The various logical operations can be easily implemented on platforms not having them, but having an If statement, such as the FX-7400G calculator. This emulation is also frequently convenient even on platforms that do implement logical operations.

The and operation can be seen to be true only if its two arguments are true. This means an and function could specified as:

ifathenbelsefalse;

Alternately, an action that is to take place only if a and b is true could also be specified as:

ifathenifbthen{ action };

It is convenient to write a logical conjunction in this way when the expression b is valid only if expression a is true. For example, it may be that b is a function which would result in a run-time error unless a is true. The JavaScript && operator in fact guarantees that the right operand will be evaluated only if the left operand is true, so this consideration does not apply in JavaScript.

The and function may also be considered as a test that all of a series of a logical expressions are true. Thus, another way of performing an and operation is to count the number of logical expressions that are true, and to accept the and function as true only if the count of true expressions is appropriate:

count := 0;ifathencount := count + 1;ifbthencount := count + 1;ifcount = 2then{ action };

Several programming platforms — and in particular, all of JavaScript, Visual Basic for Applications, and the calculators — generate numeric values for Boolean expressions. In cases where the value for false is 0 (as it is in all of these platforms), the values of the expressions can be multiplied:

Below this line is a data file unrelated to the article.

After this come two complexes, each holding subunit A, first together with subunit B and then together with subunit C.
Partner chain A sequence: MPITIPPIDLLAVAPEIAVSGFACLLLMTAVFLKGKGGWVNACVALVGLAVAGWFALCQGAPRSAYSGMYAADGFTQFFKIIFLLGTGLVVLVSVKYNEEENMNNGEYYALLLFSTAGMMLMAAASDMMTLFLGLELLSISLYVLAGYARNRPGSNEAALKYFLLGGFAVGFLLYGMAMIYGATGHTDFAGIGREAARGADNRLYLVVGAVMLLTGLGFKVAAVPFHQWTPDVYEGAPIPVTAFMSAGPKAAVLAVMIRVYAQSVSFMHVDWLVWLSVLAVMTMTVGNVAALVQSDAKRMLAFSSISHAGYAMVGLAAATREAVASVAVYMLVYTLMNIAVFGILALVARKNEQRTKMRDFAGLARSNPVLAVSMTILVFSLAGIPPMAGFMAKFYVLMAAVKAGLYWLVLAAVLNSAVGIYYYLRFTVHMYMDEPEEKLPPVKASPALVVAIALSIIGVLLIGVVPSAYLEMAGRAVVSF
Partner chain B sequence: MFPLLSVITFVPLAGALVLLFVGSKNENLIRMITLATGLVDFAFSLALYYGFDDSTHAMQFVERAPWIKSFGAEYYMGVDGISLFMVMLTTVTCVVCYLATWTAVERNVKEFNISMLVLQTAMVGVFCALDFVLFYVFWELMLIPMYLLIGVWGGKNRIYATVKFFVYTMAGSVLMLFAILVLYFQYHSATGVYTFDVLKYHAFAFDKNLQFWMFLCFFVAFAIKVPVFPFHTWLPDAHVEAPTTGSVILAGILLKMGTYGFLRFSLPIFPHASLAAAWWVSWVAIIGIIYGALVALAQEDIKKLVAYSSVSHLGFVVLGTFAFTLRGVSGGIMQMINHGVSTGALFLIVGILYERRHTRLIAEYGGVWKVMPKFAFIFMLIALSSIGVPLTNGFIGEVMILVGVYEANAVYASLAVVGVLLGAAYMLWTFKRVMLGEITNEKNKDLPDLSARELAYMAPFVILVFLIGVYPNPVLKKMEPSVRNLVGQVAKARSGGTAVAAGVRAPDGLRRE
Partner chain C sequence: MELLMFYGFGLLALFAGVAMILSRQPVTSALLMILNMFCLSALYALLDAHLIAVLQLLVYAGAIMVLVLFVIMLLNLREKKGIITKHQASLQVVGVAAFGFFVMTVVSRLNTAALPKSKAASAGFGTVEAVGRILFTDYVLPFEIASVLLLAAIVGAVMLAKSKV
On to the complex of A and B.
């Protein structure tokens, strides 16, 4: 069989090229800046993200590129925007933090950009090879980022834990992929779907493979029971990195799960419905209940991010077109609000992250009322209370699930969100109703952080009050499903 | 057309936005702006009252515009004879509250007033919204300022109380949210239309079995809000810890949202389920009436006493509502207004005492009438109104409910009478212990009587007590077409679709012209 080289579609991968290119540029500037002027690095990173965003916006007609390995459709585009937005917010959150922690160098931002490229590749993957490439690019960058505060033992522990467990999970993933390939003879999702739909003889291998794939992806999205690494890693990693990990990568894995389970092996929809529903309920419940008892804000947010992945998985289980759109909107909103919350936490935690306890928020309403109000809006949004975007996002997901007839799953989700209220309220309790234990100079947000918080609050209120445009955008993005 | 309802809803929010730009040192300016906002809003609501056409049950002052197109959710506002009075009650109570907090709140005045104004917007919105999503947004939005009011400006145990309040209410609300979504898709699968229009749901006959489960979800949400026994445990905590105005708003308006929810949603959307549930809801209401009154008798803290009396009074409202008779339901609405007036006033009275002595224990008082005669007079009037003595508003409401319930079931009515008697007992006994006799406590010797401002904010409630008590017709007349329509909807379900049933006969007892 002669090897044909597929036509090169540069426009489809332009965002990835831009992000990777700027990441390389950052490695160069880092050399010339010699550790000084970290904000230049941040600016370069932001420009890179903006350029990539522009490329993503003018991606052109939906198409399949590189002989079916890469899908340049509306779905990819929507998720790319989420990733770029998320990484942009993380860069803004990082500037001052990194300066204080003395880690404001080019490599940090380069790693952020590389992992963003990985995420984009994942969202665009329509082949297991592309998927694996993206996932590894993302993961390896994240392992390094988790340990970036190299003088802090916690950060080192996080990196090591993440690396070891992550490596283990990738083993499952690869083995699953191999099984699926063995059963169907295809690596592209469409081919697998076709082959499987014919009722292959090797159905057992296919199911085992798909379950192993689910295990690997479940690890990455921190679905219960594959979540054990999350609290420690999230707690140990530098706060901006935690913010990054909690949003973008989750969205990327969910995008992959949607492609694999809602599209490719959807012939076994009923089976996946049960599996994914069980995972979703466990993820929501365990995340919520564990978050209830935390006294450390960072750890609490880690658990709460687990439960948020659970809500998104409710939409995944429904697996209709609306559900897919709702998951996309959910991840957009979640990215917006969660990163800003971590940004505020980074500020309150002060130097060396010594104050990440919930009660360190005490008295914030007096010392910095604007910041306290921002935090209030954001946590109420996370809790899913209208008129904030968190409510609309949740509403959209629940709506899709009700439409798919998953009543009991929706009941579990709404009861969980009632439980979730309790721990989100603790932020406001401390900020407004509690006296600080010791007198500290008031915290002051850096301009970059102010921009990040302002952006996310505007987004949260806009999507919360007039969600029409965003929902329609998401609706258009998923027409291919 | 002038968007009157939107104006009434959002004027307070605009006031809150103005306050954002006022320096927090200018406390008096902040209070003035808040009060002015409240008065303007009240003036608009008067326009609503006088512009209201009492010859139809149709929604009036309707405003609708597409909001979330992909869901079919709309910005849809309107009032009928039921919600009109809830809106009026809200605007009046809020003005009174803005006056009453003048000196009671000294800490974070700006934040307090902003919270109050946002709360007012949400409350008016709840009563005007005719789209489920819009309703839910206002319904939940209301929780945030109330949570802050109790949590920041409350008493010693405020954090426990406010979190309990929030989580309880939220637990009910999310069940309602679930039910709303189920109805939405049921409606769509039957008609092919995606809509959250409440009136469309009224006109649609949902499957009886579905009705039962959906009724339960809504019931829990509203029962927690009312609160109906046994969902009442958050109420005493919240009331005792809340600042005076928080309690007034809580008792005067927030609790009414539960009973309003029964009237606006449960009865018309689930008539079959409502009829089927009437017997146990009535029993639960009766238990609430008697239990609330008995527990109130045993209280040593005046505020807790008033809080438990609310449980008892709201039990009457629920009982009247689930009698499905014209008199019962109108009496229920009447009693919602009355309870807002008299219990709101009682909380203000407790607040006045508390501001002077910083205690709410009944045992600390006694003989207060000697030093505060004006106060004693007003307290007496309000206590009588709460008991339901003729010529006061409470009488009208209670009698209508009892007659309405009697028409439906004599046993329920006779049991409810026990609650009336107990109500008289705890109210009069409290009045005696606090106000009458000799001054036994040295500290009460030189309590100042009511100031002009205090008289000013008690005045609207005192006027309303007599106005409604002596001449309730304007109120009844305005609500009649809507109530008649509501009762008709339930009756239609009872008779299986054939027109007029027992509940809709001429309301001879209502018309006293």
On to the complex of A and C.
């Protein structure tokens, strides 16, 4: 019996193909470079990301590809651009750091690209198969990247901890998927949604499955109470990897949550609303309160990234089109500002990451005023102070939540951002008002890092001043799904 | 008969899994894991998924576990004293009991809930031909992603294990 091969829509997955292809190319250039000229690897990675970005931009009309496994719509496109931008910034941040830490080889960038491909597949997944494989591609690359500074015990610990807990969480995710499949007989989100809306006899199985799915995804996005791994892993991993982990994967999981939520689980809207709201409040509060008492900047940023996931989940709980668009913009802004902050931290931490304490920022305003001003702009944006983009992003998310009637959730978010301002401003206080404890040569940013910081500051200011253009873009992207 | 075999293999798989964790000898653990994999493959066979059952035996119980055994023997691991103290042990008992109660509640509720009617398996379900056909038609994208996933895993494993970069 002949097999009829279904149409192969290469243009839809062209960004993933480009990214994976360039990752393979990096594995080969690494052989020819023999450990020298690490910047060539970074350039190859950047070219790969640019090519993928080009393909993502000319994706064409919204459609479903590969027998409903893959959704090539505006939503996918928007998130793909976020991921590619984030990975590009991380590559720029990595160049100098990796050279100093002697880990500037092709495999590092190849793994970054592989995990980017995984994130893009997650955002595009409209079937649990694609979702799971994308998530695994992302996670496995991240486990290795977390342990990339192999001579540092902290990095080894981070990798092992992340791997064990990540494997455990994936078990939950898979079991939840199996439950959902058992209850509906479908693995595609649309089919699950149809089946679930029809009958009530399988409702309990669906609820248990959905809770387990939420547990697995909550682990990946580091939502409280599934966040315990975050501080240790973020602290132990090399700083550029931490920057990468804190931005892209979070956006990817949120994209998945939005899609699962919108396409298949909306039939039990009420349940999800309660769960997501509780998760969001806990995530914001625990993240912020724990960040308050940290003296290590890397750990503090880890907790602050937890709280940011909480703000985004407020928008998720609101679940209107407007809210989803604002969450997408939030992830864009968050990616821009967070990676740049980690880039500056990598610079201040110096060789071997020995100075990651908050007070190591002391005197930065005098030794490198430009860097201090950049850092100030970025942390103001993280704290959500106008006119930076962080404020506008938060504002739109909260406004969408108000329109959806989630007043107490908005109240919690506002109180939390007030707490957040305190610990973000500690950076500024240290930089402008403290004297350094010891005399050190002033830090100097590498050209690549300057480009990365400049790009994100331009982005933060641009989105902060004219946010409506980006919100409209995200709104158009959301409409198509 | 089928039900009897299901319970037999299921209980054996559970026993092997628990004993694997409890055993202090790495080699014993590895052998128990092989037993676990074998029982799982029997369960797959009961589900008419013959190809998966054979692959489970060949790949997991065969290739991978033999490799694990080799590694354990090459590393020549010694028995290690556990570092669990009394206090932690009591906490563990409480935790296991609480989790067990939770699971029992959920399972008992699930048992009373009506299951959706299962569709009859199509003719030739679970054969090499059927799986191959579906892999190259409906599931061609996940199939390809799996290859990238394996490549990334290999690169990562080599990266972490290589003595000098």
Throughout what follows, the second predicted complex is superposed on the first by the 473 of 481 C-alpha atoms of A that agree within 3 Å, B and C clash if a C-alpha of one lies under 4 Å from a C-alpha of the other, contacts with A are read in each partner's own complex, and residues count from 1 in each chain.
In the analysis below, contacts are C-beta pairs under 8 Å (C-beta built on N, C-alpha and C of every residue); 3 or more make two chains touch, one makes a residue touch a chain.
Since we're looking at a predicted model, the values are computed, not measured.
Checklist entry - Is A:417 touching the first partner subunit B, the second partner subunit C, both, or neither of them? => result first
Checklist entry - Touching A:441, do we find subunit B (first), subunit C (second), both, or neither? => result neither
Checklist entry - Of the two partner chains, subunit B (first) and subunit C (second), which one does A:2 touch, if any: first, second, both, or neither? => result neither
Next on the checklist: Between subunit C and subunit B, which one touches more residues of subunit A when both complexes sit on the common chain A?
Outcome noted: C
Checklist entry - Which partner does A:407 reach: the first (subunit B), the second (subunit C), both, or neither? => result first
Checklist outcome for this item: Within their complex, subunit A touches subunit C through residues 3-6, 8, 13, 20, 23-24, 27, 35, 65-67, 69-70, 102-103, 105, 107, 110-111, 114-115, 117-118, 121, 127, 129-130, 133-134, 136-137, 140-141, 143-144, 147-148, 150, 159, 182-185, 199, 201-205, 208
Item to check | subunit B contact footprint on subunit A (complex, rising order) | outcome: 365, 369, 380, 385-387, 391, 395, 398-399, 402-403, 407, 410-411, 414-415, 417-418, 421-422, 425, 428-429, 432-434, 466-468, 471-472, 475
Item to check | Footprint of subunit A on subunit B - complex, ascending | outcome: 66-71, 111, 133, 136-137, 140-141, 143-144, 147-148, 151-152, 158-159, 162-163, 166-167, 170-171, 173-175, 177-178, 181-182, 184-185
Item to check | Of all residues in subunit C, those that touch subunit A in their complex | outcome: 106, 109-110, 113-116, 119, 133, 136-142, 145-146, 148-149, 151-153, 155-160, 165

ifa * b ≠ 0then{ action };

Alternately, the count of true operations may be generated by simply adding the operations:

ifa + b = 2then{ action };

(In Visual Basic for Applications, a Boolean expression generates -1 for true, rather than 1. The equality comparison would therefore be for -2, not 2.)

An or operation is similar to the and operation, with the exception that the or operation is true if either or both of its arguments are true. The or operation could be specified as:

ifathentrueelseb;

Alternatively, an action that is to take place if a or b is true could be specified as:

ifathen{ action }elseifbthen{ action };

As the action code needs to be duplicated in this sequence, it is less convenient than the equivalent sequence for the and operation. However, the arithmetic equivalent shares the convenience of those for the and operation:

ifa + b ≠ 0then{ action };

Generally, replacing logical operators with code depends on one of two strategies: either using a mapping of logical values and operations to arithmetic values and operations, or using the additional state of the current program location to maintain a current value of the logical expression. (The if sequences use this latter technique.)

It is also entirely possible to package one of these implementation techniques into a subprogram, and to call the subprogram when a logical operation is desired. With proper subprogram design, this has the additional advantage of specifying the operation with data — an operation code — rather than with a name. This permits delaying until run time the selection of which operation is to be performed, which may be advantageous in certain circumstances.

The problem of providing programmatic logical operators is in fact an example in this tutorial.

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Copyright © 2002 Brian Hetrick

Page last updated 3 March 2002.